About two weeks ago on the Friday before I headed out with 23 other folk to Israel, I decided to do a bit of Lyfting. I pulled up in a neighborhood just west of Denver University. Out on the front porch was what seemed to be an obvious three generation goodbye. The woman in her mid 50’s was crying profusely as she was joined by her daughter, who was laughing and crying at the same time. The infant boy was not to be outdone and he added to the cry chorus along with flailing arms and feet. I got out of the car to load luggage in to my hatchback for our trek to DIA. Grandma hopped in the front seat and it took her a couple of minutes to gather her emotions. She said “I am sorry to have to bring all this emotion into your car”. “No worries, that was a beautiful scene. I can identify – believe me- I have spent plenty of ‘good-bye’ tears myself with kids and grandkids spread all over three states”.
We had a very engaging conversation all the way to the United Airlines drop off. We talked life, family, faith and even the Minnesota Vikings. I shared with her that my buddy ‘Dr. Jim’, a retired pediatrician, likes to think of God as our HEAVENLY GRANDPARENT… “Grandparents love unconditionally, but they give the kids some space”. She fully embraced the idea. I shared that I had just spent two weeks on the island 🌴 🌴🌴 of Kauai with two of my grandkids, which in my world 🌎 is ‘as good as it gets’. I am already marking off days on my calendar 📆 when I take my son Mateo and grandson Makaio, on a guy trip to Puerto Rico🇵🇷 and beyond. She thanked me for a “therapeutic Lyft” and I thanked her for her radiant spirit.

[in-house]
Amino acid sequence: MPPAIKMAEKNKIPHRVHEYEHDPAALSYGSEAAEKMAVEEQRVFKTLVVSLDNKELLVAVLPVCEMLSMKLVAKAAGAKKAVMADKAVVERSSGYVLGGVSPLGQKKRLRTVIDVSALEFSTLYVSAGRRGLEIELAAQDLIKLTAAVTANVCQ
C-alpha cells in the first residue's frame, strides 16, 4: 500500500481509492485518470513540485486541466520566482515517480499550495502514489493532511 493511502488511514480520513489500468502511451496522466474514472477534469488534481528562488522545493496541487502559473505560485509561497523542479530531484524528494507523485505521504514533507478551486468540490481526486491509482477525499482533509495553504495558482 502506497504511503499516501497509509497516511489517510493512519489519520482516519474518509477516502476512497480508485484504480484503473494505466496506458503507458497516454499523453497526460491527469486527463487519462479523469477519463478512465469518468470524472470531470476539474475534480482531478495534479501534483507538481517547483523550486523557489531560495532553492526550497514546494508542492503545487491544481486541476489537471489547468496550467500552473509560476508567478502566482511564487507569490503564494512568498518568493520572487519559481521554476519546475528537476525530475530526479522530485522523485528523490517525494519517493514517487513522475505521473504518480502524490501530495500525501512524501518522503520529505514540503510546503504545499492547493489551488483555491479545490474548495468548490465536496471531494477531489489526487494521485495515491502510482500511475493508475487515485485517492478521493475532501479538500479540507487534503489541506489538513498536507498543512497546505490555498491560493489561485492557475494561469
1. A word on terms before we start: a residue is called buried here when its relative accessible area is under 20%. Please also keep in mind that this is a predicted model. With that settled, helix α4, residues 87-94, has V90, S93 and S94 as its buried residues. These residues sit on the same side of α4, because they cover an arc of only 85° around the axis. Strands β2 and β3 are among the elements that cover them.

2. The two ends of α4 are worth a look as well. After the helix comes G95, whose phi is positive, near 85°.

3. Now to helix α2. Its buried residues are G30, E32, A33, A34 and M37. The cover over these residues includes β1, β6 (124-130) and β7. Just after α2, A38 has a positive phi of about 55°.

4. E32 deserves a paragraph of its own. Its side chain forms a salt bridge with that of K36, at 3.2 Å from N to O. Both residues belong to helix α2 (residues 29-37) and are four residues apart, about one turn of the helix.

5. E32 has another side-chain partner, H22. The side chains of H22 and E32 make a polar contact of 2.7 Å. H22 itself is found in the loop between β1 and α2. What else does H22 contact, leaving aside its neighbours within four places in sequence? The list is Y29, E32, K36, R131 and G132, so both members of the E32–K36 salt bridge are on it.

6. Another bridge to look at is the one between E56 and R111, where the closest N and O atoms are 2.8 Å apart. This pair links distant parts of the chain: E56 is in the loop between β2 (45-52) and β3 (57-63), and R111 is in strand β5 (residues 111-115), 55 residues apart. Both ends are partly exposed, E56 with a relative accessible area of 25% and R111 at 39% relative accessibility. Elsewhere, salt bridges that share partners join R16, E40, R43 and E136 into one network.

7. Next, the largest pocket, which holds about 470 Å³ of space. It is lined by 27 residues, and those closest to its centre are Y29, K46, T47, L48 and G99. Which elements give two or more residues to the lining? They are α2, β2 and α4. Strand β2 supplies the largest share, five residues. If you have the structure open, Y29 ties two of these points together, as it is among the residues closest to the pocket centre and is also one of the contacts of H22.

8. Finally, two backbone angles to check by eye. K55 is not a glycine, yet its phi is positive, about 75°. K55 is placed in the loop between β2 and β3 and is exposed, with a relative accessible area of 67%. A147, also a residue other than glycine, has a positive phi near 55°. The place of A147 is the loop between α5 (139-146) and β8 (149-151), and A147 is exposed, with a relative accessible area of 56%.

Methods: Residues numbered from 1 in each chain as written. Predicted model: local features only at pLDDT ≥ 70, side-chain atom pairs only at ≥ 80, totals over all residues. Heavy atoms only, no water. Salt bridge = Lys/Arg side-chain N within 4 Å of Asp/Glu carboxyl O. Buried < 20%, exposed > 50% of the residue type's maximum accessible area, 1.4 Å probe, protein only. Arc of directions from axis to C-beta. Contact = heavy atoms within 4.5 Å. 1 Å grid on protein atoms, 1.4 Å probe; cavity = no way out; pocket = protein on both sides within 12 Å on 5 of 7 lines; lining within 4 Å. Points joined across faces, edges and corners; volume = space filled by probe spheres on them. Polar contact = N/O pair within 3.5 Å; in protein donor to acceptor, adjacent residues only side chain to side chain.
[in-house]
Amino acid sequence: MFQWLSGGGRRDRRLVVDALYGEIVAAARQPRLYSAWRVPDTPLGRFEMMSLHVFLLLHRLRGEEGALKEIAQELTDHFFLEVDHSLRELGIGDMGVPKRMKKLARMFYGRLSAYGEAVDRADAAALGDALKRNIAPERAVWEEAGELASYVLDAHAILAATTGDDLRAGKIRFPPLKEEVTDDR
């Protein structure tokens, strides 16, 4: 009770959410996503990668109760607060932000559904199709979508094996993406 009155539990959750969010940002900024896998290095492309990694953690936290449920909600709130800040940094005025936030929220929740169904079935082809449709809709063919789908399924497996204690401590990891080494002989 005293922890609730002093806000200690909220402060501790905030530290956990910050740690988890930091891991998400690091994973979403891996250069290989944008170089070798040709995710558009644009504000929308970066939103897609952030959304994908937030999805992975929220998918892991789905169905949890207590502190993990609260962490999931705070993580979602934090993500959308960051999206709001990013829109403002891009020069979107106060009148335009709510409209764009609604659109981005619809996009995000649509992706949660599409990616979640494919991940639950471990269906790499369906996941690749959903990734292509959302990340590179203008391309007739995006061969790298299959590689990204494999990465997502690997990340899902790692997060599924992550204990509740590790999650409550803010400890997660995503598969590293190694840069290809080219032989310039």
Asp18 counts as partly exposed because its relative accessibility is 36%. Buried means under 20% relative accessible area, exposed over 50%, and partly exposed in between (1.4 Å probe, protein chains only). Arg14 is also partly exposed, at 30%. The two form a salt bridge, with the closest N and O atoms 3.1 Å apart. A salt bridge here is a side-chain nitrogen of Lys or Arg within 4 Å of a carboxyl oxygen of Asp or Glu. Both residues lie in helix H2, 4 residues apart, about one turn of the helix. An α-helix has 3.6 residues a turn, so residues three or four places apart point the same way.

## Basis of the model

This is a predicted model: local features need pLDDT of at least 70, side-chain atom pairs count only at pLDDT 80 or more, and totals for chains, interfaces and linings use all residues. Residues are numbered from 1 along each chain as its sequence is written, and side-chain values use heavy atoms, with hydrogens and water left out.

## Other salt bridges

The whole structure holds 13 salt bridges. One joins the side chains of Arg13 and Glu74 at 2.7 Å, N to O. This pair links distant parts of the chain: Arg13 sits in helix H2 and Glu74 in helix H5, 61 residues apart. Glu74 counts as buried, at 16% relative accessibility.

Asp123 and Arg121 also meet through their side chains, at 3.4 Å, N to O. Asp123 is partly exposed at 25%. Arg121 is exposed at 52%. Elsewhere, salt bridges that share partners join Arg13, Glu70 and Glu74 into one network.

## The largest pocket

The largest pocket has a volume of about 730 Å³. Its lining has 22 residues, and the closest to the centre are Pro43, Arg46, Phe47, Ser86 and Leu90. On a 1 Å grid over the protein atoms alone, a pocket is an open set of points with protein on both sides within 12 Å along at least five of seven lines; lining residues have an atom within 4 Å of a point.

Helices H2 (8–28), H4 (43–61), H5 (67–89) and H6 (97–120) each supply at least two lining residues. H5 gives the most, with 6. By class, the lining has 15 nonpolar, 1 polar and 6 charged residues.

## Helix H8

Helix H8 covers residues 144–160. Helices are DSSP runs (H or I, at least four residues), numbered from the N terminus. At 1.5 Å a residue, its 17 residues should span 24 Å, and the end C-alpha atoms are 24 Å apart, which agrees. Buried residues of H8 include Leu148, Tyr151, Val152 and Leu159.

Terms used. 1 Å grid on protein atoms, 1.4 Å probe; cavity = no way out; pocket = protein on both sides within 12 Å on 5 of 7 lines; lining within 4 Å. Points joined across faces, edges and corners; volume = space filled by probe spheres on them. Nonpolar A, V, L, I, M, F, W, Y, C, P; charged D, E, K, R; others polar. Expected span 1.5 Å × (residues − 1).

Next stop: nine days in Israel 🇮🇱. This was my 3rd time there in nine years. Each experience stands on its own. Maybe it was because I was thinking about writing about being a grandparent, but I became keenly aware of dozens of interactions with people in their 50’s-80’s and what seemed to be their grandkids. We were there last Thursday for the celebration of Purim… sort of a Jewish excuse to dress up in costumes and hit all the public places. I saw grandmas with too many sweet treats, grandpas holding kids in their arms or taking them by the hand. I also watched many Arab Muslim families laughing, sharing food or just sitting in the shade.
When I have been asked who influenced my life the most I have a very clear answer: “My Grandmother Opal. She was a master story teller, tenacious, a preacher’s kid, and in the first graduating class from what is now the University of Northern Colorado, that allowed women to go to college. When my girls were young teens she sat them down and said “You girls are getting to live in a world that I could only dream of…don’t blow it”… words they could only hear from Grandma 👵.
Onward and Upward,